The 13th People's National Congress ("NPC") recently approved the State Council's proposal to restructure China's State Intellectual Property Office ("SIPO"). The proposal intends to consolidate the administration of trademarks and patents and to streamline the enforcement of IPR in China.

According to the proposal, a new SIPO will be set up and will be responsible for:

  1. Patent examination, registration and administration as originally regulated by SIPO;
  2. Trademark examination, registration and administration as currently managed and administered by the State Administration of Industry and Commerce ("SAIC");
  3. Registration and administration of geographic indicators as currently managed and administered by the Gerneral Administration of Quality Supervision, Inspection and Quarantine ("GAQSIQ");
  4. Providing general guidance to patents and trademarks enforcement agencies; and
  5. Facilitating the establishment of a comprehensive system to reinforce protection of intellectual property rights ("IPR").

The new SIPO and the patents and trademarks enforcement agency will be supervised by a new State Administration for Market Supervision ("SAMS"), which will take over the responsibilities of, among others, SAIC and GAQSIQ. The aim of restructuring the SIPO is to achieve a more systematic system for the management and protection of IPR. For example, following the proposed restructuring, the SAMS will carry out patent and trademark enforcement actions, thus, rendering administrative enforcement more efficient.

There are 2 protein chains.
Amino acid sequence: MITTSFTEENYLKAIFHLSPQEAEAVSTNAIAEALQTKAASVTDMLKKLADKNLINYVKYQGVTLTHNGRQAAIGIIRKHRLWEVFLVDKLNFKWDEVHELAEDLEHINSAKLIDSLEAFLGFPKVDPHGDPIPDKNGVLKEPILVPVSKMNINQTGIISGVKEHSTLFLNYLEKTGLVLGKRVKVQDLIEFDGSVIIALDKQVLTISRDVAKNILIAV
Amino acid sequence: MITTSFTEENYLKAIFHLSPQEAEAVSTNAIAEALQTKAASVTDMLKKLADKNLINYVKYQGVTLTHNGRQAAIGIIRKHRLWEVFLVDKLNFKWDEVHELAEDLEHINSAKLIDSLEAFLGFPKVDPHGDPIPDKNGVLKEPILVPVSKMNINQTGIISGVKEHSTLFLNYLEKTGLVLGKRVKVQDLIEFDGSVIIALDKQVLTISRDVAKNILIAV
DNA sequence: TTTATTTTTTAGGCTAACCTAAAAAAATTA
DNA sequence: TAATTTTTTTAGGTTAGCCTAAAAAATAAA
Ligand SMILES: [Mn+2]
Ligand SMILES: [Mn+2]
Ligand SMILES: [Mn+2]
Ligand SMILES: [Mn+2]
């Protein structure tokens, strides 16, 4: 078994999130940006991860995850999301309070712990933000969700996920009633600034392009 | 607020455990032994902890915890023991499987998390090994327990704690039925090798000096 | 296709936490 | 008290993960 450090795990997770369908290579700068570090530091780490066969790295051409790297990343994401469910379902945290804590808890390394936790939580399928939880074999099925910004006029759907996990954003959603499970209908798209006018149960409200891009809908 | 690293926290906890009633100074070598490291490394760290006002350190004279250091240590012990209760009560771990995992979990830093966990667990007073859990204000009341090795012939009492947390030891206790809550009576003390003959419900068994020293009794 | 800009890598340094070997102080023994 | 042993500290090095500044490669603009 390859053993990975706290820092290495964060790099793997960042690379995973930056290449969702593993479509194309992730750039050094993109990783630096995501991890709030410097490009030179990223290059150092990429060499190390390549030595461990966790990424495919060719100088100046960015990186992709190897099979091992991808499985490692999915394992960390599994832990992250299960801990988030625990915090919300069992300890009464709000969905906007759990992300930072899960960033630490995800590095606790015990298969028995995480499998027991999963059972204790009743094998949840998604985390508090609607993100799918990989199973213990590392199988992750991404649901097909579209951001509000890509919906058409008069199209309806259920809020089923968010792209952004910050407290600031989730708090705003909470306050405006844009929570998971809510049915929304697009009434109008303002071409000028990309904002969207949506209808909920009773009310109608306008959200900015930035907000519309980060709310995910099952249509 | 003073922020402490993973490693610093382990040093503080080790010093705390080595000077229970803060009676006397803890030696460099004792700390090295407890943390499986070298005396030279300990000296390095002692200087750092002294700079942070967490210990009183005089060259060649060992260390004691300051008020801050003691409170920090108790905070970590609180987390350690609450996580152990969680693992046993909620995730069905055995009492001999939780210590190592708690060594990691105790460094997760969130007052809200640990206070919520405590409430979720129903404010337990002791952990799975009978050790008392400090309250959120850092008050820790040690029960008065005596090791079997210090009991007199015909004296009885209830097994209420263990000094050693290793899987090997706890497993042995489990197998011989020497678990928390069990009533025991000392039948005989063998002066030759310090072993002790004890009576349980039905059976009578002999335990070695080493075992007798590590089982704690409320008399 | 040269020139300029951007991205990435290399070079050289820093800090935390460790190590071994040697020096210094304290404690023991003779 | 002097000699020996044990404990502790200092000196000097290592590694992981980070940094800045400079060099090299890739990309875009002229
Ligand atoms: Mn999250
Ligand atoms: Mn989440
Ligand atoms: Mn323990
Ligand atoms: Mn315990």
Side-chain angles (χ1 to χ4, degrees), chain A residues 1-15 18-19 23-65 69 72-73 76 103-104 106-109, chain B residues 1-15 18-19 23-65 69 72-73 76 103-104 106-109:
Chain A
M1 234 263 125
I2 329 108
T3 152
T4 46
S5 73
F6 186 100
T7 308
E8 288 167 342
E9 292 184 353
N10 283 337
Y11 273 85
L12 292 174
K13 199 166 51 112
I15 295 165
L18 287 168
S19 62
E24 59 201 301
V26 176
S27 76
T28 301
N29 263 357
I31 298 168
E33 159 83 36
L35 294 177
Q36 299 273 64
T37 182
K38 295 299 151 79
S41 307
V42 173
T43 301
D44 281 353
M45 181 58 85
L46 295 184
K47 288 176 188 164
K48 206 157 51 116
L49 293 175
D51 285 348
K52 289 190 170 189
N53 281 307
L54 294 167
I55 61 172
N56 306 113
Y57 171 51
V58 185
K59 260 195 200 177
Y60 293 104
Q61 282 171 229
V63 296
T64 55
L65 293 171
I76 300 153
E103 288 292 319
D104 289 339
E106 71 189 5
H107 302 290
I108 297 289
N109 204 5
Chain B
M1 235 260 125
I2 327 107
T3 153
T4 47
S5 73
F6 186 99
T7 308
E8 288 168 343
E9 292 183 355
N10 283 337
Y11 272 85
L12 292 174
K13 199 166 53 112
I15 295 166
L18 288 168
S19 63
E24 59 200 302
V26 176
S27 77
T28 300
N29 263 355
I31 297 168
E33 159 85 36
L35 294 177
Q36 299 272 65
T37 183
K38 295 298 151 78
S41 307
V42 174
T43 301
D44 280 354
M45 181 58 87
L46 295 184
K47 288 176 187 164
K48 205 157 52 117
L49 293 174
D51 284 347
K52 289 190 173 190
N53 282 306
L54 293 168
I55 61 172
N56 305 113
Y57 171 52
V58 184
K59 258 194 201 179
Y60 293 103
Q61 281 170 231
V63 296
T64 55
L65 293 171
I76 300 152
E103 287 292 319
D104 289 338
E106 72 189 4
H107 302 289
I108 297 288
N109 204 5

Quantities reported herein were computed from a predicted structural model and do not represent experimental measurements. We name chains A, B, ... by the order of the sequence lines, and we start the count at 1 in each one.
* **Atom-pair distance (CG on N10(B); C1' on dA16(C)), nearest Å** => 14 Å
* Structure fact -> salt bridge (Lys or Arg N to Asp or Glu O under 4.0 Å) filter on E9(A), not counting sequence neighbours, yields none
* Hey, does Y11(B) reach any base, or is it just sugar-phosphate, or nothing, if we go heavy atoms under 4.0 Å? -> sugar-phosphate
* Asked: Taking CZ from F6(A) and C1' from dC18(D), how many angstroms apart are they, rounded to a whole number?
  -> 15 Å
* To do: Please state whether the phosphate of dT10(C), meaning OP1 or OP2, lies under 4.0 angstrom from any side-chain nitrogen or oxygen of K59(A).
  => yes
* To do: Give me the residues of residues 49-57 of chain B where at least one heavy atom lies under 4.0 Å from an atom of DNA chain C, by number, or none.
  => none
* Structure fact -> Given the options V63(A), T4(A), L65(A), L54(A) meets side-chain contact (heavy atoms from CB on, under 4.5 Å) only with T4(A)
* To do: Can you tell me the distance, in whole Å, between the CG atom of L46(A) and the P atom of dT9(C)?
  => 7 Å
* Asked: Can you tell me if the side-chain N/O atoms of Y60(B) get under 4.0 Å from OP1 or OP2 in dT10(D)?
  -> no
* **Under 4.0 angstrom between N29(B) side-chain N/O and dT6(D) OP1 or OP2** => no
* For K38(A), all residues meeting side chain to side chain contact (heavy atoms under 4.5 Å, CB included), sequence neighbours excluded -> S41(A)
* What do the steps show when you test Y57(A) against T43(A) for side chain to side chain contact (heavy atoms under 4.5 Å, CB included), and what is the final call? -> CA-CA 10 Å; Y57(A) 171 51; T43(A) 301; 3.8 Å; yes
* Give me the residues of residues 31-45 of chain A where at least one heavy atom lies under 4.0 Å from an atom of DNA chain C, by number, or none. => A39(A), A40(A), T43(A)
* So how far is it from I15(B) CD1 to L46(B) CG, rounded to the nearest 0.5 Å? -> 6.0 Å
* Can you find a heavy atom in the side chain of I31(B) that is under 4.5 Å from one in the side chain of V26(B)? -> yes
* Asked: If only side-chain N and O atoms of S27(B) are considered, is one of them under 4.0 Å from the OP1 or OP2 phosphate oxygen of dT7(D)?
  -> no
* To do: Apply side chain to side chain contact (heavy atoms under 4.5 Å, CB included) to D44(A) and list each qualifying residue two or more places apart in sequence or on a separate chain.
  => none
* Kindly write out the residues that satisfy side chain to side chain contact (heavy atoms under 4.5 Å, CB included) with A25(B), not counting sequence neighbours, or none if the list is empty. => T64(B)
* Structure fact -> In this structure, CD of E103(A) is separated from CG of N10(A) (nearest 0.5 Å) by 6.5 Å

The scale of the proposed restructuring will naturally bring along uncertainties. For instance, copyright administration and enforcement, trade secret protection and plant variety protection are noticeably not addressed or specified as falling within the remit of the new SIPO. No time frame has been set yet for the commencement or completion of this proposed restructuring, but there is every expectation that the restructuring will be officially announced by the Government in the coming months.

For more information, click here to read the full legal update in our "Asia IP & TMT: Quarterly Review" of Q1 2018.

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